Saanjha Sapna’s adaptation of “A Midsummer Night’s Dream” takes a village side view

Three writers on three economic classes in a play with three stories. Trip Venturella, who plays Nick Bottom in the play, warned director Ishwar Shunya of the risks of fooling around with Shakespeare. But like Lysander he believes, “The course of true love never did run smooth.”

This Sunday, The Midsummer Nightmare, will play at New Delhi’s Alliance Française. Besides Shakespeare’s original and its modern English adaptation, Shunya has also taken from Raghuvir Sahay’s Baghro Basant and Habib Tanvir’s Kamdev ka Apna Basant Ritu ka Sapna — both adaptations of A Midsummer Night’s Dream.

“Shakespeare’s script is poetic and Sahay’s adaptation matches that beautifully. But the last scene, by Tanvir in Urdu, was the best,” says Shunya. The play however is not in Tanvir’s folk style. “It is a modern play. It is Physical Theatre (like Ratan Thiyam’s) with dance-like movements. Also it is very dream-like, not realistic,” he explains.

He adds, “We’ve edited some scenes and done away with a few characters. The story is the same but the setting is India.” The fairies, Theseus and Hippolyta, speak Elizabethan English, the other Athenians speak contemporary English and the Mechanicals or villagers speak Hindi, Urdu and other dialects. Class contours are emphasised.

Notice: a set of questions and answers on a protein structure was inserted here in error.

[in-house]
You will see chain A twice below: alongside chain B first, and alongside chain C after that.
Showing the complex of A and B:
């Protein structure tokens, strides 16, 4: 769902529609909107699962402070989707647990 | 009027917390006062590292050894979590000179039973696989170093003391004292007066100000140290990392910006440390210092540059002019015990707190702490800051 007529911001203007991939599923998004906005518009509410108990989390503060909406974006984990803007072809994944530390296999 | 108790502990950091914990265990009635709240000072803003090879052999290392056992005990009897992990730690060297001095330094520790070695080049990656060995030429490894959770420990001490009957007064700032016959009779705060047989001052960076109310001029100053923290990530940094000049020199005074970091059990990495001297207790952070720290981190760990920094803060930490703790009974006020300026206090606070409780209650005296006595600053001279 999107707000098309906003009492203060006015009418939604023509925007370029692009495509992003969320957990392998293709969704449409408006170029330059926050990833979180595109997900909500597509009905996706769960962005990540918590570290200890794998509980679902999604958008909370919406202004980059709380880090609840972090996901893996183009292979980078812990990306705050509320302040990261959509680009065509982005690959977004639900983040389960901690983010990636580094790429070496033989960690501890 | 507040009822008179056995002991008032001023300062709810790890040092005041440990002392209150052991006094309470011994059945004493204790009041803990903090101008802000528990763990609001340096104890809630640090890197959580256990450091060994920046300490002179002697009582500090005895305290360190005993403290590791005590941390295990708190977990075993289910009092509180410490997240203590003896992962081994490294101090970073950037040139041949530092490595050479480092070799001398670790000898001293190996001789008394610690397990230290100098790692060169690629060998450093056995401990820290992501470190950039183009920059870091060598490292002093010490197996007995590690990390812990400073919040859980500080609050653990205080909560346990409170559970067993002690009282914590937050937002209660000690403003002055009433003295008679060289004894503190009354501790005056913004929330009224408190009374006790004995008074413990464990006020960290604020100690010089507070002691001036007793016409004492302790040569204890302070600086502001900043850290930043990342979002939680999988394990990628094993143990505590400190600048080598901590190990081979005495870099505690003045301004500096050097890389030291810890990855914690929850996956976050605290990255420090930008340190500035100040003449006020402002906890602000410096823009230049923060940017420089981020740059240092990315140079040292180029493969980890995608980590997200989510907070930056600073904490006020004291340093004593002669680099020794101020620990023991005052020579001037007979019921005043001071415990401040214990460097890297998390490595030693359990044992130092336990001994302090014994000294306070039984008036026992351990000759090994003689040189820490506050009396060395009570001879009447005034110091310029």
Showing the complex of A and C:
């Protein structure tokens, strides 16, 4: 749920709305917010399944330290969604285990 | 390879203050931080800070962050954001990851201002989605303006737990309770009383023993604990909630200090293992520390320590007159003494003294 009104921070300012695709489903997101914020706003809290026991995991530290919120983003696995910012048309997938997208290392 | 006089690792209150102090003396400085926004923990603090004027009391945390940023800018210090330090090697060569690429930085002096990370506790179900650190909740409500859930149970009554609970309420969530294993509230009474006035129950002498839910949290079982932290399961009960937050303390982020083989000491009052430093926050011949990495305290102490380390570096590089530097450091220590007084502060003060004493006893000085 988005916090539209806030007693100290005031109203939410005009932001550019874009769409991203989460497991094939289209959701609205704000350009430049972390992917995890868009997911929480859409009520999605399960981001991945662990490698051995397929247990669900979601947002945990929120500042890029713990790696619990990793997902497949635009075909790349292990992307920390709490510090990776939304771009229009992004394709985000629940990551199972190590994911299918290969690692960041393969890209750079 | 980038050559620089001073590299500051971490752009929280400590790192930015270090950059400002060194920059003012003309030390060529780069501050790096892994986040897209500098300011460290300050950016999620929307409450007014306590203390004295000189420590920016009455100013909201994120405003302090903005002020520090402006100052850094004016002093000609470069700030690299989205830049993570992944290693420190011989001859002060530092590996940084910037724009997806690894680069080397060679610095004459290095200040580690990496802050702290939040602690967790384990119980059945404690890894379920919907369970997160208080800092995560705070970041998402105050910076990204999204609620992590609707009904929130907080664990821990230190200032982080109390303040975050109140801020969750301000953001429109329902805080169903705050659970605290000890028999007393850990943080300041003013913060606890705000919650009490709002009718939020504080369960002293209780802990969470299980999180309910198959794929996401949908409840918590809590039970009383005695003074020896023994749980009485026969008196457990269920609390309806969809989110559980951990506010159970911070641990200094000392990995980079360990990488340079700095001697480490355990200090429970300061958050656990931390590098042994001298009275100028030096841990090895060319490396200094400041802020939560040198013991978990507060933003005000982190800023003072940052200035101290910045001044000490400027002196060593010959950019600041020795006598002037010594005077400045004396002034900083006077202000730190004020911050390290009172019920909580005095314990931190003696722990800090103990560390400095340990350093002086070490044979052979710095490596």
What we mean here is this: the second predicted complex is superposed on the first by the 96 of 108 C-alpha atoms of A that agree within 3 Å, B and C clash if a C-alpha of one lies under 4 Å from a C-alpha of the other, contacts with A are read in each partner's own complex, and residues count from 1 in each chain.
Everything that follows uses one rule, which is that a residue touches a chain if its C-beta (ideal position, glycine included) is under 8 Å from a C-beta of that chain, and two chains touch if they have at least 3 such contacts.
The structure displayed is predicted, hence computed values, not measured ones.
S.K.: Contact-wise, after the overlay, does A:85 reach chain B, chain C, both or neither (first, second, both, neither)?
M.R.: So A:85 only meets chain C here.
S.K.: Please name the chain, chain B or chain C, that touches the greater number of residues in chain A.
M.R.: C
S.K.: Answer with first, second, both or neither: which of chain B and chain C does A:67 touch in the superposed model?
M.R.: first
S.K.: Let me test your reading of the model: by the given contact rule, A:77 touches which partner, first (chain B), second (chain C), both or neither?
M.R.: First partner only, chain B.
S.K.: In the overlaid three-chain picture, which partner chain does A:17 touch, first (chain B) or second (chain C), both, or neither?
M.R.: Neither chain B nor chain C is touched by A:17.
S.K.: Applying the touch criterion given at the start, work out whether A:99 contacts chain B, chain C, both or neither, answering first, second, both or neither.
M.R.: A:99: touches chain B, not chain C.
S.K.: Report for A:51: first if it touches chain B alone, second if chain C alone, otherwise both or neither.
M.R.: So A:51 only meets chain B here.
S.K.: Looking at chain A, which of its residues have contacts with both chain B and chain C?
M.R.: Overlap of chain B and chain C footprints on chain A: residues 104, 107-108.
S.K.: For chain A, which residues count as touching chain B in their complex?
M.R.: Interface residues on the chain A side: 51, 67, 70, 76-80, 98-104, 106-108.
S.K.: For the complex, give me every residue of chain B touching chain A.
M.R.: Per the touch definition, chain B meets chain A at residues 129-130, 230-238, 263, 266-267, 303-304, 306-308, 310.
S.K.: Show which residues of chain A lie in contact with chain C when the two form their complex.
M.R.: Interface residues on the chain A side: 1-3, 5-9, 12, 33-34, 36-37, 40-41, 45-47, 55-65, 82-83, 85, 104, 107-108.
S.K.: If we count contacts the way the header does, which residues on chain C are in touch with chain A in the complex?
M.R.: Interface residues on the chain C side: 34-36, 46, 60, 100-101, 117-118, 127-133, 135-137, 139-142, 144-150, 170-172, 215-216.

“We’re doing it from the perspective of the village people. The way they see the plot is our twist. What is fun for the upper classes is the livelihood of the lower classes. The innocence of the latter is contrasted with the guile of the former,” he says.

Shunya has directed three serious plays recently — Valentin Krasnogorov’s Let’s Have Sex followed by Dario Fo and Franca Rame’s Orgasm and Trace Crawford’s The Sum of Your Experiences. Varoon P. Anand won best actor in the last play at the Short+Sweet Festival.

“I wanted to take a break from the intensity and do something funny. The sets as always are simple. I wanted to hang ropes to create a forest, but the auditorium didn’t allow it,” he says before rushing off for a rehearsal for another production, this time by Gargi College. Broke as ever, his troupe Saanjha Sapna is rehearsing at Lodi Gardens.

The surrealist posters of course are gratis, courtesy Kanchan, his wife. Theseus’ speech to Hermia — “But earthlier happy is the rose distilled, Than that which withering on the virgin thorn, Grows, lives, and dies in single blessedness”— holds true for Shunya.